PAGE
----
In a new written statement, the Chinese government has rejected a judicial request for Chinese officials to testify in court in Madrid and demanded that the Spanish government block a ground-breaking investigation in the Spanish High Court on crimes against the Tibetan people, calling it a “false lawsuit.” Spain will take on the EU’s rotating presidency on 1 January 2010.
The letter is the first written response from the Chinese authorities since two Tibet lawsuits were accepted in the Spanish High Court under the principle of “universal jurisdiction,” a doctrine that allows courts to reach beyond national borders in cases of torture, terrorism, genocide and crimes against humanity.
Spanish Judge Santiago Pedraz informed the Chinese Ministry of Justice on May 5 of rulings against eight Chinese leaders, including Tibet Autonomous Region Party Secretary Zhang Qingli, in the Spanish High Court in connection with the harsh crackdown on dissent in Tibet that has been ongoing from March 2008. The judge had requested authorization from the Chinese ministry to question the defendants in China should they refuse to do so before the Spanish court.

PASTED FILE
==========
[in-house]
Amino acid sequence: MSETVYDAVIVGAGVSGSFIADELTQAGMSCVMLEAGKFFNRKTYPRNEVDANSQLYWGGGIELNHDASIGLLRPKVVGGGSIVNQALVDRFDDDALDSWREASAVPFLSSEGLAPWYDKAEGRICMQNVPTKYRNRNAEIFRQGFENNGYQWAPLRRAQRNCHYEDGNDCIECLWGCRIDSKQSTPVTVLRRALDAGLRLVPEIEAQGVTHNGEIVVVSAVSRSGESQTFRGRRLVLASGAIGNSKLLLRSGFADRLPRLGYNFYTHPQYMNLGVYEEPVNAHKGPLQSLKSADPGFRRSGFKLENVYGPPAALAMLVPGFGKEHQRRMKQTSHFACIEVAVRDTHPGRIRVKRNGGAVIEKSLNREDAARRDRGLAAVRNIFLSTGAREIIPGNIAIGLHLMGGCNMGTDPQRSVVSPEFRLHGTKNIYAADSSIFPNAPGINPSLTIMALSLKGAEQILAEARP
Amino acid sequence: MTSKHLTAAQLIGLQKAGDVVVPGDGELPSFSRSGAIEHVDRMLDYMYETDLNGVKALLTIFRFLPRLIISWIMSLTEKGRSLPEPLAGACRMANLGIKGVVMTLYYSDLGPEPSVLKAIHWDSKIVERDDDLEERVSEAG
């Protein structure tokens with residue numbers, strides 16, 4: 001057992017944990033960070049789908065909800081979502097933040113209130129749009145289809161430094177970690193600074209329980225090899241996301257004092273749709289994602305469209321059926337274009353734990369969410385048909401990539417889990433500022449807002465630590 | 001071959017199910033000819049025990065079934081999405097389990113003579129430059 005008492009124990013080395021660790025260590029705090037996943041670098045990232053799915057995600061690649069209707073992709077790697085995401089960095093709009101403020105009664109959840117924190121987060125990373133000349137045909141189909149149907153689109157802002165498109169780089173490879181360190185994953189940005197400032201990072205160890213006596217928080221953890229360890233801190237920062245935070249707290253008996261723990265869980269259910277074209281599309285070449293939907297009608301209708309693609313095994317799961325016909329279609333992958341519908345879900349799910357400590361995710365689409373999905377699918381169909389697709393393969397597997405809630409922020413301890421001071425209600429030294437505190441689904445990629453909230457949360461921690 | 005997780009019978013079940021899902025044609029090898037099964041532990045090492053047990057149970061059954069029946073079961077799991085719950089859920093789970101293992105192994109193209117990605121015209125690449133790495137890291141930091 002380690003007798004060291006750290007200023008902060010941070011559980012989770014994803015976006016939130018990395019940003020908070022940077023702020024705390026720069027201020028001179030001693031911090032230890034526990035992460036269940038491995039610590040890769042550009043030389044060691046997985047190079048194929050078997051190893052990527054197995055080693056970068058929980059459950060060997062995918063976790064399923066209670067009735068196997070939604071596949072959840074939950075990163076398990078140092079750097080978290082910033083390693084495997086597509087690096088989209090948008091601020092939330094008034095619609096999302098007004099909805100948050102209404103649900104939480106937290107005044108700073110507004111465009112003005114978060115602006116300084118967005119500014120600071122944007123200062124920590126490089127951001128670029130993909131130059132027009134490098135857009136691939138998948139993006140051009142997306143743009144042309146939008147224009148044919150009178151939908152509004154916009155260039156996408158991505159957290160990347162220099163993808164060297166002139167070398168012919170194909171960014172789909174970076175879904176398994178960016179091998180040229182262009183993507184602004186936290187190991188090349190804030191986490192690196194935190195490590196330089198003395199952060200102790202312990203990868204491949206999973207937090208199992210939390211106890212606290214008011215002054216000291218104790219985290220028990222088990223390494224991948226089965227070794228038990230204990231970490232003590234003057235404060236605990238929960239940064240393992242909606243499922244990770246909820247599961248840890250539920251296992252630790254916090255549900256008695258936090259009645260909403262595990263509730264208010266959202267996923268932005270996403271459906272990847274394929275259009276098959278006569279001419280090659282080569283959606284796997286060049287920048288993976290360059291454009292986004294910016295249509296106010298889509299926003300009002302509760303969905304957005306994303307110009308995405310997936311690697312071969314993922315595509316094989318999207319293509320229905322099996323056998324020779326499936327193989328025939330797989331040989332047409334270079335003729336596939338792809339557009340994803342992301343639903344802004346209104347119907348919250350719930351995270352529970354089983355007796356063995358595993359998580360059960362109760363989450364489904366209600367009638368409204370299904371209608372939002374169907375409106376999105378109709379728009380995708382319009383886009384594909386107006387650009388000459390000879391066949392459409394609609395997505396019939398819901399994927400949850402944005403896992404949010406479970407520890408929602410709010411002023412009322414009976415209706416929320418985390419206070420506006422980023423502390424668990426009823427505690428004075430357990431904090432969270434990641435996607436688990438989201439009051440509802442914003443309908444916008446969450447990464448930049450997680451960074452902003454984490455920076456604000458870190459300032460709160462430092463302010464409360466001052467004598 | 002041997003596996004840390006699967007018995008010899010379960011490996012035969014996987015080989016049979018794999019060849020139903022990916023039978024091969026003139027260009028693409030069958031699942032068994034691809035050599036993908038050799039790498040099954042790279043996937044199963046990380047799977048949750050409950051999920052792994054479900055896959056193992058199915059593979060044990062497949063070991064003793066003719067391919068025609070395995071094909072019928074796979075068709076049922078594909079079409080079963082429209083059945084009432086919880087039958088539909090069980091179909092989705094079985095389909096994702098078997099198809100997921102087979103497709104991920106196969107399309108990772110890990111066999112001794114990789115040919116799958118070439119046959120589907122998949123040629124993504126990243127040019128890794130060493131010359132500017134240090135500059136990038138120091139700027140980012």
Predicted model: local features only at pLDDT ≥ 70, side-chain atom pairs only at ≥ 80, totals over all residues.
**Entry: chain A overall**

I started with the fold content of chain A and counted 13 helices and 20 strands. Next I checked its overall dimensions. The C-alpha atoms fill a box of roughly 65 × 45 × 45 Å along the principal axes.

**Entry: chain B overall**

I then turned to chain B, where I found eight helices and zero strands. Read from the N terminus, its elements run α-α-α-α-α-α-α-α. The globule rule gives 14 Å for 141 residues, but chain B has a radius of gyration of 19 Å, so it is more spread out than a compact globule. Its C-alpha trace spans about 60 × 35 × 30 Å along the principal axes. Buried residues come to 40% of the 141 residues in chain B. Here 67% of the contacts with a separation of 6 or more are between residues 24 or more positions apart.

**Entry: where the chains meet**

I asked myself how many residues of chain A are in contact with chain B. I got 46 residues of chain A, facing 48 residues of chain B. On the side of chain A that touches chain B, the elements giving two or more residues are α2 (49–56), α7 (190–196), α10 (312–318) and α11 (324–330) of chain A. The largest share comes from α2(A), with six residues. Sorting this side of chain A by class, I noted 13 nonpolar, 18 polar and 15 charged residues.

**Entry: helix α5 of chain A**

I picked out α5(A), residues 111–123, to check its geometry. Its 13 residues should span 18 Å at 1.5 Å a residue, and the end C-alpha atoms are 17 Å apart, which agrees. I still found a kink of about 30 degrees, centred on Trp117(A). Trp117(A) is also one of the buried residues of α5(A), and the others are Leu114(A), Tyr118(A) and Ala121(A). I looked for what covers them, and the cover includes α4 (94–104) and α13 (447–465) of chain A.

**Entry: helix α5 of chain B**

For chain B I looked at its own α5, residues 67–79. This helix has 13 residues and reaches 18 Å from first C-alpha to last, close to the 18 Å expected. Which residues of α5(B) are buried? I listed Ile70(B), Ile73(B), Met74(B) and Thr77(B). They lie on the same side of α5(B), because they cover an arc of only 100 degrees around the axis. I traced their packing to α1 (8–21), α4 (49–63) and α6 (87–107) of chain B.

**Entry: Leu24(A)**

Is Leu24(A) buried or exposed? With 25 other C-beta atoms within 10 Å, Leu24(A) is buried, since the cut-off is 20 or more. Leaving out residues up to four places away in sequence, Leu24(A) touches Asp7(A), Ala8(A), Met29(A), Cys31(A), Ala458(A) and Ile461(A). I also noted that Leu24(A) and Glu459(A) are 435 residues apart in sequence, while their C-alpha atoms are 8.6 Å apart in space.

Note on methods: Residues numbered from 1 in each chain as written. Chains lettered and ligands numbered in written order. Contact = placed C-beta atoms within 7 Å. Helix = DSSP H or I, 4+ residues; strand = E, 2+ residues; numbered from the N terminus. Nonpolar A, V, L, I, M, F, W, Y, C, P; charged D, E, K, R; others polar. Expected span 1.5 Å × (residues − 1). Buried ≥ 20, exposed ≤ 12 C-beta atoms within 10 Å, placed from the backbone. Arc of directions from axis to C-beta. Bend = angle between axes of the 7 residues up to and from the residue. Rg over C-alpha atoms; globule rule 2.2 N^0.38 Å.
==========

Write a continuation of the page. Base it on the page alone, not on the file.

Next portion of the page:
Despite the ruling and continuing pressure from China, Judge Pedraz has recently announced the extension of one of the Tibet lawsuits to include an investigation into the Nangpa shooting of September 2006, when 17-year old nun Kelsang Namtso was shot dead by Chinese border forces while attempting to cross Tibet’s border into exile.
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